Archive

Decades On, Southeast Asians Struggle in US

The two-day conference, organized by the National Association for the Education and Advancement of Cambodian, Laotian and Vietnamese.
The two-day conference, organized by the National Association for the Education and Advancement of Cambodian, Laotian and Vietnamese.
Men KimsengVOA Khmer

Researchers and educators from Southeast Asian communities in the US met over the weekend to discuss the ongoing challenges immigrants from the region face in America.

Cambodian-Americans face social, cultural and economic difficulties, along with similar communities from Laos and Vietnam.

The two-day conference, organized by the National Association for the Education and Advancement of Cambodian, Laotian and Vietnamese, brought together 35 years of research and was sponsored for the first time by the National Education Association.

“We have lived here for 35 years and have been making our demands every ten years, five years, or yearly, but our voices have not been heard,” NAFEA President Chhany Sak-Humpry told VOA Khmer.

That's because there is a perception in the US that Asian-American students don't need help, said Bouy Te, director of the NEA's quality schools program. “Actually, Asian-American students don't do well. They have high rates of drop out and low access to higher education.”

The annual NAFEA meeting, which reviewed Southeast Asian education from kindergarten through grade 12, is a good chance to remind policymakers the needs of such students in schools, budgeting and curriculum, Bouy Te said.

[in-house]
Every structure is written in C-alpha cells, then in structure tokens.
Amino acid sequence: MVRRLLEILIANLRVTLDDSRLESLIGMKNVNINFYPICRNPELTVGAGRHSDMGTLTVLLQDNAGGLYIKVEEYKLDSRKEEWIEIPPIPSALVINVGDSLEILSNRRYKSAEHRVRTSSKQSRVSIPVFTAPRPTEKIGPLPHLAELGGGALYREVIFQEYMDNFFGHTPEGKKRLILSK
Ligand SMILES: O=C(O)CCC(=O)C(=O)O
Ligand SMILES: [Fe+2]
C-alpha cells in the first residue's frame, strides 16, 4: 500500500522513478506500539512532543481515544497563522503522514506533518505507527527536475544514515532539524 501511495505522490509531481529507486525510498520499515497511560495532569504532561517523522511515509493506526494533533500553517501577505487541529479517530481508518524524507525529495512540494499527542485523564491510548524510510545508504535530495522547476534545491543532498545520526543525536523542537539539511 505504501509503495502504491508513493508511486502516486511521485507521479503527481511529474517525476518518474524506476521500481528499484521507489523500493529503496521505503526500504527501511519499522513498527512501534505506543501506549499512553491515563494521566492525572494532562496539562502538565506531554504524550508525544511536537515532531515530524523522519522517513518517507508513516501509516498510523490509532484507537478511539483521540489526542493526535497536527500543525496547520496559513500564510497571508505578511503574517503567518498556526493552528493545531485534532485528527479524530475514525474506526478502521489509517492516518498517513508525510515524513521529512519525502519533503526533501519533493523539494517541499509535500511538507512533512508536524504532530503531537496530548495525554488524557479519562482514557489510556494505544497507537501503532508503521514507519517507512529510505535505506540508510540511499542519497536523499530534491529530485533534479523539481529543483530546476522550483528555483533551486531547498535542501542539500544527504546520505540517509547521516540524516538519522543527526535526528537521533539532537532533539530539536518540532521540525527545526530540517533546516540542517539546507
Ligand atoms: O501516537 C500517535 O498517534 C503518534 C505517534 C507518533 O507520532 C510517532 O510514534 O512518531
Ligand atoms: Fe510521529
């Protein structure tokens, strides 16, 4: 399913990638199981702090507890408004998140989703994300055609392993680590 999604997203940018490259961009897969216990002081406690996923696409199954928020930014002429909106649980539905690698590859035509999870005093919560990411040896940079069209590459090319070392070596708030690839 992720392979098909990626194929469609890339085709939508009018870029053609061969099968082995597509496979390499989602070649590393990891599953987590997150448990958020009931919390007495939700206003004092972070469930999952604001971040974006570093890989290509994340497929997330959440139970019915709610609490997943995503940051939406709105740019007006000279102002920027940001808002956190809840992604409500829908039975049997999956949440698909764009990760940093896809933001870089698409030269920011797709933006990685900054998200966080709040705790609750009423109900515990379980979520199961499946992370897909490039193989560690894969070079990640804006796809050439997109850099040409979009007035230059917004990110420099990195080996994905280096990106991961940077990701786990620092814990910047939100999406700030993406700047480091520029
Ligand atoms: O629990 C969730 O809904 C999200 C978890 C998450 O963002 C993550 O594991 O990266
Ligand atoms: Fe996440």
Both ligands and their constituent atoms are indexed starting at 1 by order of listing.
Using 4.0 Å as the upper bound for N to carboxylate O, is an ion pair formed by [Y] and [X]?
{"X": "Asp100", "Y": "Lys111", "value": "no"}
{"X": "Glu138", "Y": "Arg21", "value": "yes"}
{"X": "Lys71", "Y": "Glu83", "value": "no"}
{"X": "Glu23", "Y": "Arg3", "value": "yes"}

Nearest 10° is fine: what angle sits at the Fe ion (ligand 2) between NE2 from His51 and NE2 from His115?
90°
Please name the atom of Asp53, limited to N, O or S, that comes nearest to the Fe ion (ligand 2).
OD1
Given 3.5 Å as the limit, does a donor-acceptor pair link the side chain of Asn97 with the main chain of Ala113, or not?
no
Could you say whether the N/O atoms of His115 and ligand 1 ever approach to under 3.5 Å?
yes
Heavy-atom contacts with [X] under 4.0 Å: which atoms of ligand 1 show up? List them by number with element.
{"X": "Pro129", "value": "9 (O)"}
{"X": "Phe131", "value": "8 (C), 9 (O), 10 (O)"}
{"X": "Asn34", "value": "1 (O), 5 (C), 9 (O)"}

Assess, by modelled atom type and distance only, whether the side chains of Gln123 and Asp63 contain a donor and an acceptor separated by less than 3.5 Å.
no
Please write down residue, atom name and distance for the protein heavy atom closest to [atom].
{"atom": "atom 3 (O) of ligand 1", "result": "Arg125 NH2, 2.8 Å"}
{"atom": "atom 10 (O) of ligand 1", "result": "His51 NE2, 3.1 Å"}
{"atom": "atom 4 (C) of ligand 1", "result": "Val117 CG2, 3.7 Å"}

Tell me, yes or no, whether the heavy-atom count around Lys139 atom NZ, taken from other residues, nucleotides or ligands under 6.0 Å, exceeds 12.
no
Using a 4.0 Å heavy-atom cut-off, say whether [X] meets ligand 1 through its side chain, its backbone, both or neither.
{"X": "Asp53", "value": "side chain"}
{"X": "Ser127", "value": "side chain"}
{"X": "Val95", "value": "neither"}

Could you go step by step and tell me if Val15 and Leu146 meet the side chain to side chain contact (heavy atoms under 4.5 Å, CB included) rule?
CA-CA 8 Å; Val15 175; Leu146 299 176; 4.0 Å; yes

Although the conference included a number of Cambodian-Americans with advanced degrees, the majority lag behind.

Cultural and language barriers, added to family problems and poverty, can lead to low self-esteem, said Nou Leakhena, a professor of sociology at California State University in Long Beach.

“Some parents don't understand their children, especially those who were born here,” she said. “They cannot communicate with their children.”

Trauma from the Khmer Rouge is another problem, along with gambling, violence and neglect, she said.

“Therefore, children who grow up here feel abandoned,” she said. “They don't have money to go on to university or [other] higher educations.”

This forum has been closed.
Comments
     
There are no comments in this forum. Be first and add one
Your JavaScript is turned off or you have an old version of Adobe's Flash Player. Get the latest Flash player.
Hunting for Wild Honey in Cambodia's Forestsi
X
17 December 2014
Cambodia is thought to produce the best wild honey in Southeast Asia, mainly due to its climate and topography. Most of it is harvested informally and sold cheaply at local village markets. Now, one company is helping some of the country's poorest people by employing them to hunt for honey, then selling it commercially. (AP, Koh Kong)

English with Mani & Mori

Your JavaScript is turned off or you have an old version of Adobe's Flash Player. Get the latest Flash player.
You've Got To Be Kidding (Movie: Bedtime Stories)i
X
01 December 2014
You can say, "What? You lost your passport? So, you're stranded in a foreign country, where you don't speak the language and you don't know anyone? You've got to be kidding me, right?" What does it mean? Watch here. For more videos - go to www.youtube.com/KhmerSpecialEnglish. To contact Mani & Mori - write to them at maniandmori@gmail.com.
Video

Video You've Got To Be Kidding (Movie: Bedtime Stories)

You can say, "What? You lost your passport? So, you're stranded in a foreign country, where you don't speak the language and you don't know anyone? You've got to be kidding me, right?" What does it mean? Watch here. For more videos - go to youtube.com/KhmerSpecialEnglish.
Video

Video All Thumbs (Movie: Minority Report)

You can say, "I was 'all thumbs' this morning when trying to tie this tie - I kept making mistakes and just couldn't figure a way to pull it together." What does it mean? Watch here.
See more >>>